Giving ourselves permission to enjoy food is incredibly empowering. Let go of the guilt, and enjoy your food.
Honor Meal Time
This extends to the process of preparing your food as well. Taking time to feed ourselves and those we love is a wonderful thing, and can bring us great pleasure if we take the time to notice. When my three children were younger and all homeschooled, a big part of our days were spent preparing simple foods together.
Working together in the kitchen with the youngest ones washing fruit and arranging vegetables on a plate, sitting at the table, lighting a candle – these were the simple ways we honored our meal times together.
We don’t have to wait for special occasions or serve fancy foods to celebrate meal times. Choosing our favorite mug to enjoy a hot cocoa and lighting a candle at meal time are simple ways to enjoy our food and honor our meal times.
Let Go of The Labels
There is no perfect way to eat. We see images of fit, healthy, happy people who eat only Paleo. And others proclaim their health and lives were changed when they switched to eating only raw foods. Fat used to be the evil that caused obesity, heart disease, and cancer. But now we are informed that, well, actually, it wasn’t the fat, it was the simple processed carbohydrates and sugars. Or maybe the high fructose corn syrup. Or maybe if we only eat the right fats, we can enjoy good health and lose weight?
Learn to let go. Let go of the labels – vegan, vegetarian, paleo, raw foods, and all the other strict philosophies. Let go of the dogmatic approach and the chatter bombarding you about your food choices.
Instead of following the rules created by someone else, develop a way of eating that works for you.
I encourage you – listen to your intuition. Trust your inner wisdom.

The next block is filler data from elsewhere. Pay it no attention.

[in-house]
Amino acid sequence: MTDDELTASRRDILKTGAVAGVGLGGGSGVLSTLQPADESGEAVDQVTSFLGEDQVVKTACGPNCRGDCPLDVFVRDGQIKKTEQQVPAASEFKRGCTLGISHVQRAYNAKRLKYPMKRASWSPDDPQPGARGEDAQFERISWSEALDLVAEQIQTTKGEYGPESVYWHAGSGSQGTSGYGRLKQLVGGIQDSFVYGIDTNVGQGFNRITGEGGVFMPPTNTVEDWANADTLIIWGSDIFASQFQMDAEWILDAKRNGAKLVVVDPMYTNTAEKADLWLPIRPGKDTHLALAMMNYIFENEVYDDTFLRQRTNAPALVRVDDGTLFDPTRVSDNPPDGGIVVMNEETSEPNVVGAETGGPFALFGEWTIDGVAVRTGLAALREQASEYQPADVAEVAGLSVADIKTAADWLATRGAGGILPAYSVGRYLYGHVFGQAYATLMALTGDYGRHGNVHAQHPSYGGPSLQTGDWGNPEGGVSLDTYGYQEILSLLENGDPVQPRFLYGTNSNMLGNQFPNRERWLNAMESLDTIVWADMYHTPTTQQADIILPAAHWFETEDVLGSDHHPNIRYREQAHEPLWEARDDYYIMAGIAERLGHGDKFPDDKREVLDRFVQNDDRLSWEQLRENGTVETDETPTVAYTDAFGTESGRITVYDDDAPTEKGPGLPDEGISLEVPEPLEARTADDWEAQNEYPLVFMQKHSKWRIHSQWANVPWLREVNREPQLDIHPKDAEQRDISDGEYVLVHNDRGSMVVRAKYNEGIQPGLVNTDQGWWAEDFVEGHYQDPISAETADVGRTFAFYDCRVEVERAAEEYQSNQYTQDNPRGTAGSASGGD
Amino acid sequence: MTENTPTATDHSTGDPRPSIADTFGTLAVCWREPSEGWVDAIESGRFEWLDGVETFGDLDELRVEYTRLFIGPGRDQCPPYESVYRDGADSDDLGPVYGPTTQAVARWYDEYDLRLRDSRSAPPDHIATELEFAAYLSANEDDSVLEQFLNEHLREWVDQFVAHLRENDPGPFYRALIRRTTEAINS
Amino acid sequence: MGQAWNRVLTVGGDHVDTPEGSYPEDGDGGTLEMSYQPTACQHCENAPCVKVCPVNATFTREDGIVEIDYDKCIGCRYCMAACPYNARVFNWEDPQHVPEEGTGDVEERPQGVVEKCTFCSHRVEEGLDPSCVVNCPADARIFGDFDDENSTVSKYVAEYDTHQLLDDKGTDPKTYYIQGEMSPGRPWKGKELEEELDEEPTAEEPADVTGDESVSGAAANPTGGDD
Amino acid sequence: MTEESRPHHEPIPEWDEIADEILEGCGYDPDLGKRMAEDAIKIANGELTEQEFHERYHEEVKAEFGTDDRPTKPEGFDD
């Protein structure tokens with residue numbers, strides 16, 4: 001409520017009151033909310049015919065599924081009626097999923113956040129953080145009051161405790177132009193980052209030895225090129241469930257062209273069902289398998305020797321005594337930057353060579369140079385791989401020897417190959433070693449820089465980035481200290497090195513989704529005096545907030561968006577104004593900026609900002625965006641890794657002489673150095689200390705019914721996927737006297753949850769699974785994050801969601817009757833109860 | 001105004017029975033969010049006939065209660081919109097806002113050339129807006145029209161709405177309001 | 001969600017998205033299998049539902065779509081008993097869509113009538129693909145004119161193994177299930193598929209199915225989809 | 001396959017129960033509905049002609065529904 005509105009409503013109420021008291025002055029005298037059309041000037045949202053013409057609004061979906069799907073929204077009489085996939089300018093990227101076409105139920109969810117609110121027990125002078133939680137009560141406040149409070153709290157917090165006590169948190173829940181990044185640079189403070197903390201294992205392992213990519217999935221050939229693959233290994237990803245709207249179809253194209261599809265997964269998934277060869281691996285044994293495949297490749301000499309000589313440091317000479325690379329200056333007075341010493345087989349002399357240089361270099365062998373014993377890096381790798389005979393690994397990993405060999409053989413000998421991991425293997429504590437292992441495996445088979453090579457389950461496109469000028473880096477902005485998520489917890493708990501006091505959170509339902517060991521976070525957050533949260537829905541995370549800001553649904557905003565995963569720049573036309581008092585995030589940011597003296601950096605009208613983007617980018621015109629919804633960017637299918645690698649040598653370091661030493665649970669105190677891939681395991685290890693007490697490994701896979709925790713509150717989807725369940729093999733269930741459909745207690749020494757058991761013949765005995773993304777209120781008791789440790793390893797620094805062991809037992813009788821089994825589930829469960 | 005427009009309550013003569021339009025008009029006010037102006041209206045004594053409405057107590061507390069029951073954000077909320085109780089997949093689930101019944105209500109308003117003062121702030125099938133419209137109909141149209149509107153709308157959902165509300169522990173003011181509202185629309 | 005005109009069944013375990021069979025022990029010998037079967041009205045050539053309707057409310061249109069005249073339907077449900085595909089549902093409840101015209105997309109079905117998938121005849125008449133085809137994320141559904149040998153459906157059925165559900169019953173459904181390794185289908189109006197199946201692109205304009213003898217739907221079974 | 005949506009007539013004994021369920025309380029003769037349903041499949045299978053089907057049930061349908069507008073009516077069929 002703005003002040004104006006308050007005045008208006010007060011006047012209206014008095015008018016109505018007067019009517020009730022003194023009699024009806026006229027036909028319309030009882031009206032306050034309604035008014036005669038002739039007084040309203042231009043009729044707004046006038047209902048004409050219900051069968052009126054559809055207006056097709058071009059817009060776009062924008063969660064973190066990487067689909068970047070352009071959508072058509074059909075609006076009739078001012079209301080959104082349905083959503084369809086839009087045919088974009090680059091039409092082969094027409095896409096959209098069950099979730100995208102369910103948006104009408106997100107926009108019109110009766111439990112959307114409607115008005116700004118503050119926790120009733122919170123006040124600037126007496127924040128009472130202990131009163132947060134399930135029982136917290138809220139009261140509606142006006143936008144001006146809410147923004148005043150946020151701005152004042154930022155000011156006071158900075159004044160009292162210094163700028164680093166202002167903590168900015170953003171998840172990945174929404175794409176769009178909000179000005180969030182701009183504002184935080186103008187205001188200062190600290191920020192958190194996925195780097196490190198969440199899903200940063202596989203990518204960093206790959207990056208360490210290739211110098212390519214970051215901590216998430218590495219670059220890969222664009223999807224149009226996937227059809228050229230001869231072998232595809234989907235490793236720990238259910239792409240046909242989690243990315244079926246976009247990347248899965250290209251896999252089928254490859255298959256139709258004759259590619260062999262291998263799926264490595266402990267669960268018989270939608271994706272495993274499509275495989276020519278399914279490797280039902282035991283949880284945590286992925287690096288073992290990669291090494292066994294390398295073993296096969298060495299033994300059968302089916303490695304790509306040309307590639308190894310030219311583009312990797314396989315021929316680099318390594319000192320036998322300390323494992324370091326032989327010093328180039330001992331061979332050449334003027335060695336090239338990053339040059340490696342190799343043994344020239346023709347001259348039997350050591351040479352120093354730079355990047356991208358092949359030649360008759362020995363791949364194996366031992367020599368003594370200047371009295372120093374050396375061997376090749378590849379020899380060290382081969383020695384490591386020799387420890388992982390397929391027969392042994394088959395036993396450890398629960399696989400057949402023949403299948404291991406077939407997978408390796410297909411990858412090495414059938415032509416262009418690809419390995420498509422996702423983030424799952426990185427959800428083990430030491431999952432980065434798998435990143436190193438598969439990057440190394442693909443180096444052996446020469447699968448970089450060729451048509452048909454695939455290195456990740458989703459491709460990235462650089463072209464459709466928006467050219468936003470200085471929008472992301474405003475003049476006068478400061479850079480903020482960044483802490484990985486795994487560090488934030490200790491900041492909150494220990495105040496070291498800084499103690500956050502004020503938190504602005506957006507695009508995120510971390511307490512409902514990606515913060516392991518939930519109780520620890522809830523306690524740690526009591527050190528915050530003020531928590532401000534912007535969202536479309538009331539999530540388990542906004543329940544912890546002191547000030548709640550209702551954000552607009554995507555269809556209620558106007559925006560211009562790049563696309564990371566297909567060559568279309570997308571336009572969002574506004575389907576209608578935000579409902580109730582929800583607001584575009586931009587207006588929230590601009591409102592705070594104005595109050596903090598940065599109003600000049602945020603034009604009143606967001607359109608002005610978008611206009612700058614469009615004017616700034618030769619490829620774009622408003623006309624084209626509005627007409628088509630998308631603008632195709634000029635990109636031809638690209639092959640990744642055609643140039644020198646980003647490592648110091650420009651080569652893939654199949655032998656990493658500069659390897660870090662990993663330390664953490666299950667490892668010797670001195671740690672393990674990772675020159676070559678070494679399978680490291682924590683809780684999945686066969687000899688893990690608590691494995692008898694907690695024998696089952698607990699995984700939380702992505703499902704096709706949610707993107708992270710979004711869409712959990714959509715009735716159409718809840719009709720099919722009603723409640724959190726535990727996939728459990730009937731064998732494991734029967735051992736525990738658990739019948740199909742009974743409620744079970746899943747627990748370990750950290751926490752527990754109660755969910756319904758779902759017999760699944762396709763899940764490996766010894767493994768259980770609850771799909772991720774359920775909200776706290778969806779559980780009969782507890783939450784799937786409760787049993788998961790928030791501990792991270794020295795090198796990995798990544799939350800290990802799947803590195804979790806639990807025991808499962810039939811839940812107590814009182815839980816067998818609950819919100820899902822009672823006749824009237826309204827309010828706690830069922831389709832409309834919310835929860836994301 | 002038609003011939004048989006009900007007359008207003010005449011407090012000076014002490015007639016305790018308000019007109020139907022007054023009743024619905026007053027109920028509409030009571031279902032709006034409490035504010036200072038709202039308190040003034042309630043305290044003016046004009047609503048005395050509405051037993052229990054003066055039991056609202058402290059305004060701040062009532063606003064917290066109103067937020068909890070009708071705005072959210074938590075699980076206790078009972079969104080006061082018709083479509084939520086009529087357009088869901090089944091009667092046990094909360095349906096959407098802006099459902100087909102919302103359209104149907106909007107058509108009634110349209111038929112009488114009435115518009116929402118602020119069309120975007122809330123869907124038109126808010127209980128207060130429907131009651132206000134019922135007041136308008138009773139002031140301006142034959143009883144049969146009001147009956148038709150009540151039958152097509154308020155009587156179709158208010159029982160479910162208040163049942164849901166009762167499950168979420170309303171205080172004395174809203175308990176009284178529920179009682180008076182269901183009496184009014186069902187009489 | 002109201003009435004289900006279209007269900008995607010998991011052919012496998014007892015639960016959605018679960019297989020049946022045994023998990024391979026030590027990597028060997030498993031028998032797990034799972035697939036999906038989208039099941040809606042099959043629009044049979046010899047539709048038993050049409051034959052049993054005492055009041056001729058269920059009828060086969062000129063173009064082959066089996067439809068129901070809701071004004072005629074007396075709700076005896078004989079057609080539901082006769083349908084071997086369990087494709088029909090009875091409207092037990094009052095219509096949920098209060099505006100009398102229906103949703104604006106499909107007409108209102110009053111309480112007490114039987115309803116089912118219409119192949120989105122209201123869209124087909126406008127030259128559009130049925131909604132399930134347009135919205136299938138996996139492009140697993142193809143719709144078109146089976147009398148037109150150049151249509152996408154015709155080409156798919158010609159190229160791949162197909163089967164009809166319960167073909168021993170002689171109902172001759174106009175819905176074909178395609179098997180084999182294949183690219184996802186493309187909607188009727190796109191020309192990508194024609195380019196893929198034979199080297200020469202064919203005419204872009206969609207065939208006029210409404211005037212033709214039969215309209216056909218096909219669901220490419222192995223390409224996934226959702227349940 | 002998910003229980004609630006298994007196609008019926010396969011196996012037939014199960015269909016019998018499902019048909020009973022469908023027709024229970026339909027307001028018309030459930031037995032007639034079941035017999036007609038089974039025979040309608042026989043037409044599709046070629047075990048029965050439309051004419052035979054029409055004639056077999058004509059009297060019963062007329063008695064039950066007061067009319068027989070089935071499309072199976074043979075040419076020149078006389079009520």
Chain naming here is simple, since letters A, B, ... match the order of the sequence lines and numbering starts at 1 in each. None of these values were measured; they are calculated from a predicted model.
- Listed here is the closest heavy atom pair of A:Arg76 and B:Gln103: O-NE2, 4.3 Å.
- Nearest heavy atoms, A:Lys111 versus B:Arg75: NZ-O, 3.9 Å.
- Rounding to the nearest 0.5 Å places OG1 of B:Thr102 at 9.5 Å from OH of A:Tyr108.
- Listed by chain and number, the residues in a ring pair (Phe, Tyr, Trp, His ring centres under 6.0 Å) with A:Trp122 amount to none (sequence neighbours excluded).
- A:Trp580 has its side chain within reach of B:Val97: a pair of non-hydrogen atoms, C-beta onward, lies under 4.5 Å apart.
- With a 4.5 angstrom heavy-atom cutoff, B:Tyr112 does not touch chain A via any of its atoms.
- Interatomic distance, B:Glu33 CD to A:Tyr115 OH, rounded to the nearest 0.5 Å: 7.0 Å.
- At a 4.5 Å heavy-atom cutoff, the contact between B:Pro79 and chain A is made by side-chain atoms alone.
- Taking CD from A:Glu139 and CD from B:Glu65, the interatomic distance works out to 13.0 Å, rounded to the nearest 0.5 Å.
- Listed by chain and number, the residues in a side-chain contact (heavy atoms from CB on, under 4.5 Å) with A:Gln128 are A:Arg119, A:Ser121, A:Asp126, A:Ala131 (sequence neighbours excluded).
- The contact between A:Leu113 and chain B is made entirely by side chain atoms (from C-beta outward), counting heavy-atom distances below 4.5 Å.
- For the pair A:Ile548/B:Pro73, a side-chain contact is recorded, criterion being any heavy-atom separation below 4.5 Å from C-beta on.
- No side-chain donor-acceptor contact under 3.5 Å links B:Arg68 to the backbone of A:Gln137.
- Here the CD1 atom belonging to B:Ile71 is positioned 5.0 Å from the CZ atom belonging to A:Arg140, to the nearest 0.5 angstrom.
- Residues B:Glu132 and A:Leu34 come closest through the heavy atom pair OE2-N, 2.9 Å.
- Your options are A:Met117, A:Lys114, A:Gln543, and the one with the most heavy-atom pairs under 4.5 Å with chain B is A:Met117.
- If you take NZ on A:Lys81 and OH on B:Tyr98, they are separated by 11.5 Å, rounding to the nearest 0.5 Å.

Stop multi-tasking when you eat. Put away the smart phone, tablet, step away from the computer, and get out of the car. Slow down and pay attention when you eat. Notice the colors, aroma, and taste of your food. Take your time. Listen to the cues your body sends about hunger and fullness.
Remember that eating is a way to nurture yourself. Take time and give your full attention to the act of eating. Great joy can be found when we slow down.
If you truly want to change your relationship with food, start by changing your relationship with yourself. Love yourself and your body unconditionally.
Let go of the self-hate, the guilt, and give yourself permission to be you. Eat to nourish that incredibly complex, amazing, miracle that is your body.
Find balance. Avoid following rules determined by others, and discover what works best for you.
Above all, remember to be gentle, loving, and kind to yourself. You might just discover your amazing inner strengths.
I know food is a sensitive topic and I am so grateful for you to share your insights in the comments. Your words may be the one thing someone needs to read to inspire them to take action to end their war with food.